Hip Hop and Race

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2015-04-01
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Hip hop, as a form of music and popular culture, has become one of the foremost arenas in which discussions of race, racial injustices and the transformation oi racial meanings occur. Through song and celebrity, hip-hop voices offer immediate commentaries on newsworthy racial events as well as critical observations on historical and ongoing patterns of race-based inequality. Some scholars of hip-hop music have hailed it as a postmodern multicultural form that reflects the fluidity and malleability through which young people today fashion their identities; still others view it as perpetuating some of the most damaging ideologies of race and models of racialized behavior in contemporary society.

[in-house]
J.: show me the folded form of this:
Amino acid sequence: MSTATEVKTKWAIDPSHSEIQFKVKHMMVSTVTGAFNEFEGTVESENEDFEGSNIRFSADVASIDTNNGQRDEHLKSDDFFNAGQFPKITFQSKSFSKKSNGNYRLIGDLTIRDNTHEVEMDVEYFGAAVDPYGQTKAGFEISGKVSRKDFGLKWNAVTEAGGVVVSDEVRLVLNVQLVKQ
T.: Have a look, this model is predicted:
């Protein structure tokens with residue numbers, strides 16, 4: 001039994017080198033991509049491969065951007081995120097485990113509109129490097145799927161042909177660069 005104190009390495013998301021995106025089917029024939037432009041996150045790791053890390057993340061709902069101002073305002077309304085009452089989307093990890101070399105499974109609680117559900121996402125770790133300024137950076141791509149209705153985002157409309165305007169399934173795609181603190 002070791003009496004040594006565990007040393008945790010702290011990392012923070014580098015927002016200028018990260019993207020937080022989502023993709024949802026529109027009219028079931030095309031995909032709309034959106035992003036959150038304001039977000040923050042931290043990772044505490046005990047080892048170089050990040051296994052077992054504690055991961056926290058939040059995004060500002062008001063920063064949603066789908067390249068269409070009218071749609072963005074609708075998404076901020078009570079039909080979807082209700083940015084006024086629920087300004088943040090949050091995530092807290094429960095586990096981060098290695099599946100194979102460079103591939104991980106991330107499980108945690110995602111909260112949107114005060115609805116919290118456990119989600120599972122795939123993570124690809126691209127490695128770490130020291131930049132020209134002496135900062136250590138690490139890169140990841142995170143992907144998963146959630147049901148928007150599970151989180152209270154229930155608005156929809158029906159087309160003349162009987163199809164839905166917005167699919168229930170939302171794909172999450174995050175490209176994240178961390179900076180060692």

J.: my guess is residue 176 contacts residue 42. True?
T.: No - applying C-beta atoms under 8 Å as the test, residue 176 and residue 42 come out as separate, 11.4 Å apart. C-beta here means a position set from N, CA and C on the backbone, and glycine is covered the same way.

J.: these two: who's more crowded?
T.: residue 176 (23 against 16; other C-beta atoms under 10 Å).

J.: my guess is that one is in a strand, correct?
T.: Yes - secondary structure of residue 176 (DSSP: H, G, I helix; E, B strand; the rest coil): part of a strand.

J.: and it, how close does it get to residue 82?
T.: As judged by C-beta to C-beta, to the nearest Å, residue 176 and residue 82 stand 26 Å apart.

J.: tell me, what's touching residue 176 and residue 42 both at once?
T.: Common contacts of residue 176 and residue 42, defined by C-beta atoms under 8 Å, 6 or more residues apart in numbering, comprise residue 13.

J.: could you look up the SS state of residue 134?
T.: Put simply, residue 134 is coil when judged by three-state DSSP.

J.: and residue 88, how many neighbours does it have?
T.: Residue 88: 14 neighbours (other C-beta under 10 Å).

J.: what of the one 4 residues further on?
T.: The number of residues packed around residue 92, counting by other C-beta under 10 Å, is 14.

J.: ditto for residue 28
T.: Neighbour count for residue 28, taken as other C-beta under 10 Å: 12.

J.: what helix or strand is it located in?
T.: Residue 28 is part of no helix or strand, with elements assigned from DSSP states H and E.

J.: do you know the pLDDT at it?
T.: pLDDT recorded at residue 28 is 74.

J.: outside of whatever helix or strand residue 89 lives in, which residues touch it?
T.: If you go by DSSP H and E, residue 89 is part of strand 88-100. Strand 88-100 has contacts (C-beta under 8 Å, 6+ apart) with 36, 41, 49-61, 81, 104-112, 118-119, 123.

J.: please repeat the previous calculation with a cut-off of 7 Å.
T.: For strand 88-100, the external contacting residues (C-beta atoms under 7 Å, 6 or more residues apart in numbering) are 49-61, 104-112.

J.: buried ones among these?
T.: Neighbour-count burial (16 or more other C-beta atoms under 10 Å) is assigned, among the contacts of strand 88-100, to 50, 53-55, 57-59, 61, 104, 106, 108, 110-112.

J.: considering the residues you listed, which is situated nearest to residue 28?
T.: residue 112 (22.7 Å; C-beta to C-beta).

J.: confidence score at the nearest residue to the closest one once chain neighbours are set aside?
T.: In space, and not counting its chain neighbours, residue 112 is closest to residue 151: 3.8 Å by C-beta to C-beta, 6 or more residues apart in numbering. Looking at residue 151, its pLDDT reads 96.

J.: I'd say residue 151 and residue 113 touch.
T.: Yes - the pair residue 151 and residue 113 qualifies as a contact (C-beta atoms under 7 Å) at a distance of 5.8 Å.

In this chapter, I survey how sociological researchers and commentators have examined and understood hip hop in relation to race.1 My discussion is primarily set within the United States. I do this with the awareness that hip hop is a global phenomenon and that racial issues are not unique to the United States. Nevertheless, most conventional treatments situate hip hop's crystallization within a US context. Furthermore, the racial dynamics that saturate US society – historically and contemporarily -- are among the most dynamic and globally consequential. Indeed, some have suggested that hip hop's worldwide spread has contributed to exporting US not ions of race to a generation of global youth.

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